The Industry Challenge:
Airborne pipeline inspections of pipeline right-of-ways rely almost exclusively on human observation to detect problems.
Several technologies are being promoted to add to airborne surveys which help detect small liquid pipeline leaks before the oil reaches surface; however, there are no standards or test facilities suitable for evaluating these technologies.
The characteristics of underground liquid hydrocarbon leaks are not sufficiently understood to specify what the various leak detection technologies should be looking for.
How We Help:
C-FER, with assistance from its parent company, Alberta Innovates ‑ Technology Futures, developed a variety of computer models to predict the characteristics of underground liquid hydrocarbon leaks to identify physical phenomenon that could be detected by airborne surveys.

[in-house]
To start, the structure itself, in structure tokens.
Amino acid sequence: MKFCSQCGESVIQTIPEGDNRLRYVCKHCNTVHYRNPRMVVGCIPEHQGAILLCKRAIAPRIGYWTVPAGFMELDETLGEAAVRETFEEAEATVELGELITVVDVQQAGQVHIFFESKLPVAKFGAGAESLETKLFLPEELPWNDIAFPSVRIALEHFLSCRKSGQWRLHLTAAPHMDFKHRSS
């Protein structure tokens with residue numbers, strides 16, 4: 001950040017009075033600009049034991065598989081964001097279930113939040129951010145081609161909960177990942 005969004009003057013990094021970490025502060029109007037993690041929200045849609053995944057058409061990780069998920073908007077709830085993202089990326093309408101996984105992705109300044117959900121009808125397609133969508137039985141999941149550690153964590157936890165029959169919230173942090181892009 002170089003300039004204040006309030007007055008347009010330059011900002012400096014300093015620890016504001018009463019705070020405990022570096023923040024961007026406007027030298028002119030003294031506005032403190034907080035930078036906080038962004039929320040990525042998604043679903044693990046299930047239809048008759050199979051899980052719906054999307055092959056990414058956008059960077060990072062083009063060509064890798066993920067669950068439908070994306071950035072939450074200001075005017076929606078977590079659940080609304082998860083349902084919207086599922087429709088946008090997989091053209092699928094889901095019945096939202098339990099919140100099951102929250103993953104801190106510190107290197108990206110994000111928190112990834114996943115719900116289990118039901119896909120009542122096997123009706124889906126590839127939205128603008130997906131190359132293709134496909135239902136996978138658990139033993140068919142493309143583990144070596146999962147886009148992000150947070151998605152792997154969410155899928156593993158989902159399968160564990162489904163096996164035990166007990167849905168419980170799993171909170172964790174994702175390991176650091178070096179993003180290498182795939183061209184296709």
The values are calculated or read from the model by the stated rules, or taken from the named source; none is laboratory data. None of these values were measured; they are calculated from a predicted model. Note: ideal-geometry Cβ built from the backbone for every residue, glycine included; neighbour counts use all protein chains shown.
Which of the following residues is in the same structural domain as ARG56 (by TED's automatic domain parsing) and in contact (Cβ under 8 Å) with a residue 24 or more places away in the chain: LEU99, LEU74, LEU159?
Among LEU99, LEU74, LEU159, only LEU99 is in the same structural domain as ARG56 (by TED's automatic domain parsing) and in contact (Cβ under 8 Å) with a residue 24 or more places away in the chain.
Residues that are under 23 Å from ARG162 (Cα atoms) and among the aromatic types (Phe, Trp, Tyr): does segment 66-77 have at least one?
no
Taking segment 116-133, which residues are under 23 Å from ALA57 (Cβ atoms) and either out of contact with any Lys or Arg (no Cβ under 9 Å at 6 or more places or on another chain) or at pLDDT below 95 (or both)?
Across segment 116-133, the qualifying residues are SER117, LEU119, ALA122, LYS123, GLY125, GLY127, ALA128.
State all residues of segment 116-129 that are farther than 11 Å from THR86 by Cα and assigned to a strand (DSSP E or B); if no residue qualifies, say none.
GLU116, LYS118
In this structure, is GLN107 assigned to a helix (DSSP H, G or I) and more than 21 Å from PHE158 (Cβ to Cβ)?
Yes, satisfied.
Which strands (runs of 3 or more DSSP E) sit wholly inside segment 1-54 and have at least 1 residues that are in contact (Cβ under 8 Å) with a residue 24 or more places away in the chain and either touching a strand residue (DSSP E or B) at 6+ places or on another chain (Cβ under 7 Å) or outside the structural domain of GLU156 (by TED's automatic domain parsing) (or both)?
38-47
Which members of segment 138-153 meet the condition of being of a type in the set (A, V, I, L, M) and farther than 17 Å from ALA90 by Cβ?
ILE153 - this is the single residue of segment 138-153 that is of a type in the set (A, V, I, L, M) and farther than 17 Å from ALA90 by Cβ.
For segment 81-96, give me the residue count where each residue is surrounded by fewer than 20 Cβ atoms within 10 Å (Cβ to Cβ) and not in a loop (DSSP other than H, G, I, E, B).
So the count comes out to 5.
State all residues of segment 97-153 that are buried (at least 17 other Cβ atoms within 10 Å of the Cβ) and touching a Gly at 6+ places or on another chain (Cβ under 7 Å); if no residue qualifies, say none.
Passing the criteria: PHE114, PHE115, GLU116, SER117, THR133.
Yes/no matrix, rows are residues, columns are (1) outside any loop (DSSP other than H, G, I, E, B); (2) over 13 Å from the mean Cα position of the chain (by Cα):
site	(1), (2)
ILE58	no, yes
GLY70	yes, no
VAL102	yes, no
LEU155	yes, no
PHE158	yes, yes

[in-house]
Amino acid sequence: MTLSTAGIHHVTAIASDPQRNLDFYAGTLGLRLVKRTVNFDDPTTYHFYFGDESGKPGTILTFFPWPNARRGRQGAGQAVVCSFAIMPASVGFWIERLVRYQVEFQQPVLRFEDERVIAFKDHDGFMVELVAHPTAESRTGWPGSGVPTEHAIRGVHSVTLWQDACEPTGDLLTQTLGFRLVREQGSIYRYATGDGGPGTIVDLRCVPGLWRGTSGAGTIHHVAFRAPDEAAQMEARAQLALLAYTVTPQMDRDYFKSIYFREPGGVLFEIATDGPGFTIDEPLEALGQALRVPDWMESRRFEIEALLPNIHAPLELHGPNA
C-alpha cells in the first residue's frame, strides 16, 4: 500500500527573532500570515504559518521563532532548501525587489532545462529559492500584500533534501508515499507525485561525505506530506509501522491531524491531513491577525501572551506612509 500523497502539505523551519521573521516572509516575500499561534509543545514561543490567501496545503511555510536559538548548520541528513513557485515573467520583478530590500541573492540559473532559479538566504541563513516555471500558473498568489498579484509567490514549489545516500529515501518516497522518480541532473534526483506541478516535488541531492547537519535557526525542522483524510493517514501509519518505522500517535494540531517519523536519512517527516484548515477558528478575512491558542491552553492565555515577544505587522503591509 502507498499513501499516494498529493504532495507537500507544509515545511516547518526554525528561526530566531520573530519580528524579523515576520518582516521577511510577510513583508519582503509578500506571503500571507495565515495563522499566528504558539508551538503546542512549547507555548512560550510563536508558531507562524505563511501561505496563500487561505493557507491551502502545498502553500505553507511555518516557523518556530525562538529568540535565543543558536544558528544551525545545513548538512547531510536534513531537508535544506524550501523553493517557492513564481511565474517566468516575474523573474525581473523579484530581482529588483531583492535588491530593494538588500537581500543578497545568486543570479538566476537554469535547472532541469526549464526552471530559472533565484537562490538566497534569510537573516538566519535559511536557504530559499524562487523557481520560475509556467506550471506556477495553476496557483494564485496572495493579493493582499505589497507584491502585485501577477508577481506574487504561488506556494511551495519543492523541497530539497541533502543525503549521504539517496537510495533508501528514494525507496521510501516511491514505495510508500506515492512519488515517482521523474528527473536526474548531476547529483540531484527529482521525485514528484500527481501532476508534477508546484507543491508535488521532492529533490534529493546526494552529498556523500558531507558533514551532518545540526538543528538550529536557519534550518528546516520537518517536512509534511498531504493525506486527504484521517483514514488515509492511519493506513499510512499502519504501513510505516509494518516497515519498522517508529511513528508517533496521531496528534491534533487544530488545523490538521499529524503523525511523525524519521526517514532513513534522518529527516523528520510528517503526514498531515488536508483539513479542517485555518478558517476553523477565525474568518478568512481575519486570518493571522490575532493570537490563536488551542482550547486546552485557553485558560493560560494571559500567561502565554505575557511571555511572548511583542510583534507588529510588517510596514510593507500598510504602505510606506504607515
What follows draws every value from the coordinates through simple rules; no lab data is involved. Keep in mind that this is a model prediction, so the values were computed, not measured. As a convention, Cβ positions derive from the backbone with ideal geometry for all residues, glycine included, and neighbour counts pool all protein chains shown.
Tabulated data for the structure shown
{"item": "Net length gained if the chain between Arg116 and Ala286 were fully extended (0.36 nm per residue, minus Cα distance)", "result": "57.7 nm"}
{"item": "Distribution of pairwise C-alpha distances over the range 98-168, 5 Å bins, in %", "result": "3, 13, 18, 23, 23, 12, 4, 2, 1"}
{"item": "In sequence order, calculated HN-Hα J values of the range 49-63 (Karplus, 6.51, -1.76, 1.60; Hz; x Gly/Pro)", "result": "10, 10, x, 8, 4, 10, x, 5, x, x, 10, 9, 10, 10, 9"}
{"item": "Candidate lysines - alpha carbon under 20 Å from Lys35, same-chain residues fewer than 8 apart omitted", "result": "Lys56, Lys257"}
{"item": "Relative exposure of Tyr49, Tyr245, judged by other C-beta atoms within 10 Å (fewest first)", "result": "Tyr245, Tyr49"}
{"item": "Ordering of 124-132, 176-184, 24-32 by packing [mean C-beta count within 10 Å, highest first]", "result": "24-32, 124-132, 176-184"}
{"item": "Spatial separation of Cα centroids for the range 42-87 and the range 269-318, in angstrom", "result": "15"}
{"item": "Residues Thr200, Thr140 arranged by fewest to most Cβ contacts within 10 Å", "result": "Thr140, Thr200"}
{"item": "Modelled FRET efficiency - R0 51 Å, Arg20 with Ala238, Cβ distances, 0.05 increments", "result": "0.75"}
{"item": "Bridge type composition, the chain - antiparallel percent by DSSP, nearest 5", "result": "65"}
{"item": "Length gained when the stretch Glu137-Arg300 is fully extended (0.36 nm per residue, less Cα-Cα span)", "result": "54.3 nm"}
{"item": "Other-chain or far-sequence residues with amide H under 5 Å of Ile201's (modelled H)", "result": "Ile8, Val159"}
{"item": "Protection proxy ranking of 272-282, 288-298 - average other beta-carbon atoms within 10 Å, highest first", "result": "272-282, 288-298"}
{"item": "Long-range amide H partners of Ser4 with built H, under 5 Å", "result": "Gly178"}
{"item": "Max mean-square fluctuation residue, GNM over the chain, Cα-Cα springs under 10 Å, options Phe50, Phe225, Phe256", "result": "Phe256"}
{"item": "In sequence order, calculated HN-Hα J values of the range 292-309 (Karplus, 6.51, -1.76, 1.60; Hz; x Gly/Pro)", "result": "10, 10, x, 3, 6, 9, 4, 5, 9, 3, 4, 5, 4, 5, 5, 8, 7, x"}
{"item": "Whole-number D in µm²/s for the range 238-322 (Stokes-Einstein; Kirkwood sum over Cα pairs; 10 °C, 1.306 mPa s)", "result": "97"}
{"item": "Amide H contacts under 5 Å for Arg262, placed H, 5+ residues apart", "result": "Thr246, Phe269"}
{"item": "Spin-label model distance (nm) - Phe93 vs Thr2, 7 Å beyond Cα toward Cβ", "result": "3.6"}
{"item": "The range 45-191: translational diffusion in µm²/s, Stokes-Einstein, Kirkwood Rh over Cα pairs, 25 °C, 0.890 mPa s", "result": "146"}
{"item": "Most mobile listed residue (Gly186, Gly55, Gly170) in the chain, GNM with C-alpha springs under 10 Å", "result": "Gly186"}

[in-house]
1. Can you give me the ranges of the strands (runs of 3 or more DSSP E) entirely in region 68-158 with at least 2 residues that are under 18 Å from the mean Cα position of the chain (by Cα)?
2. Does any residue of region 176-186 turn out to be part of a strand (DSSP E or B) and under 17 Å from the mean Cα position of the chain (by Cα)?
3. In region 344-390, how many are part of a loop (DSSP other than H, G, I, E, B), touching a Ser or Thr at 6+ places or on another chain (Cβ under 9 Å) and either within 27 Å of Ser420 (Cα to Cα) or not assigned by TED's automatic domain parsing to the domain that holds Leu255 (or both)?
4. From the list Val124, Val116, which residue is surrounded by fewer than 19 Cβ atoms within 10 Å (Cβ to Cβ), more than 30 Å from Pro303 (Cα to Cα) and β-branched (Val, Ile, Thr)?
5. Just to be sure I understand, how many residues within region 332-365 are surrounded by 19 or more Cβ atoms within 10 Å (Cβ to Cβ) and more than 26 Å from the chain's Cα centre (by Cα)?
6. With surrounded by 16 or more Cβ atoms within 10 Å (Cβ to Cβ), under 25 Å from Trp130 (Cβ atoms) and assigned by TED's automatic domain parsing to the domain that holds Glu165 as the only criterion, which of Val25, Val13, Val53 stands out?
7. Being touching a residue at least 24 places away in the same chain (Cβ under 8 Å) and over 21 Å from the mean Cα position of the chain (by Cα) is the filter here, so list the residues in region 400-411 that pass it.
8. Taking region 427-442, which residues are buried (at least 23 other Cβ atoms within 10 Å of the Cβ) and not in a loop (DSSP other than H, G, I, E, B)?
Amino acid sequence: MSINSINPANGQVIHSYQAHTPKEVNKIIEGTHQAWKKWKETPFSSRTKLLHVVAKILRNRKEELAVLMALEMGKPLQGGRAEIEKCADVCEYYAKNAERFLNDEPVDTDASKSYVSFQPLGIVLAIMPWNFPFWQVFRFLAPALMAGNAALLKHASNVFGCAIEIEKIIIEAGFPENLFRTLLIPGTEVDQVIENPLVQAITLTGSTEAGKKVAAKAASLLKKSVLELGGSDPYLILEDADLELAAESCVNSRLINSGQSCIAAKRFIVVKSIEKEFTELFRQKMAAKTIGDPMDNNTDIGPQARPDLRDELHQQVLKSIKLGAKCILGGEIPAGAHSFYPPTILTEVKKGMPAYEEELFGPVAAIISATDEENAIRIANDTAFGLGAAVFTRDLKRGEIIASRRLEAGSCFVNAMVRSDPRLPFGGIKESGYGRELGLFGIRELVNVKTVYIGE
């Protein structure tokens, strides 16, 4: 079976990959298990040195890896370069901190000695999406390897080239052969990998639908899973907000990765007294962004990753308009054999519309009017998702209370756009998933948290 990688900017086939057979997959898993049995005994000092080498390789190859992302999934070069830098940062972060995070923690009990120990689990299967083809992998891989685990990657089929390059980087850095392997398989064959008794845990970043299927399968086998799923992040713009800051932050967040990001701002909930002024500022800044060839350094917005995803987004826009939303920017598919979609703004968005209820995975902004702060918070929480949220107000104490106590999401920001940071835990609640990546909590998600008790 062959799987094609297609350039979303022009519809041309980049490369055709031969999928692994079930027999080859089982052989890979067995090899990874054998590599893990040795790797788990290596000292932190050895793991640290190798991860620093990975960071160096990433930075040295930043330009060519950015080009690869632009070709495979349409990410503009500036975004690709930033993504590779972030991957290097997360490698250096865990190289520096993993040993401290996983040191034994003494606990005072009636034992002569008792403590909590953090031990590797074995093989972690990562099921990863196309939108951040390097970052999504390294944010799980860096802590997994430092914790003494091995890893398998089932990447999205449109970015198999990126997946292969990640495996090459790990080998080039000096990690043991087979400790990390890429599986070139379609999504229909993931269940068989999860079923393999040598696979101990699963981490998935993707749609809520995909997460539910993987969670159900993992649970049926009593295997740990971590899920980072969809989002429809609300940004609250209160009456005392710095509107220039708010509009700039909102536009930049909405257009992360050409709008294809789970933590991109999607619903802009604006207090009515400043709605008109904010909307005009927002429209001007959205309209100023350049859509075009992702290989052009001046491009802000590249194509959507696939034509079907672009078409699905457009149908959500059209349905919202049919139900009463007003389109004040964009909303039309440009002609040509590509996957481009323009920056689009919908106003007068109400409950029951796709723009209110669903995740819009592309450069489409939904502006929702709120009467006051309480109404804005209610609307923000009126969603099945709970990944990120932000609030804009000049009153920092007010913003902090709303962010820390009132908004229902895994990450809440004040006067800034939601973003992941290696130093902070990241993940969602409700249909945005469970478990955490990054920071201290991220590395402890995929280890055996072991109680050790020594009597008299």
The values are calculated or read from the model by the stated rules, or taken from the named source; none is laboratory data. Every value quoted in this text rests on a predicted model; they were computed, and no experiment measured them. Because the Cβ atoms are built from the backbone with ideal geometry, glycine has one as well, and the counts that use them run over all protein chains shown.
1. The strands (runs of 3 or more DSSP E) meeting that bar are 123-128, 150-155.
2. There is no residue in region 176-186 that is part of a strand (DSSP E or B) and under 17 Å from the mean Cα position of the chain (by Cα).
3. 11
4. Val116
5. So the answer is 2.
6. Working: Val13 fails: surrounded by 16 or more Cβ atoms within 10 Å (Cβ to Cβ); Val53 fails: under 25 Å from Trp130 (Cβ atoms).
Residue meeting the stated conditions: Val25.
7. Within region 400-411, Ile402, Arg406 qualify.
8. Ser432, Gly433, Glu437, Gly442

- The emission of volatile organic compounds into the atmosphere;
- Temperature changes at the ground surface as warm fluid leaks into the ground; and
- Ground heave as the fluid displaces the surrounding soil.
Specialized instrumentation was added to tests of inground leak detection systems in the ELDER to benchmark the computer models.
C-FER uses the model results to evaluate the potential for the various airborne sensing devices to detect small leaks.
Information is also provided to the technology vendors to help them tune or modify their products to improve the sensitivity and repeatability.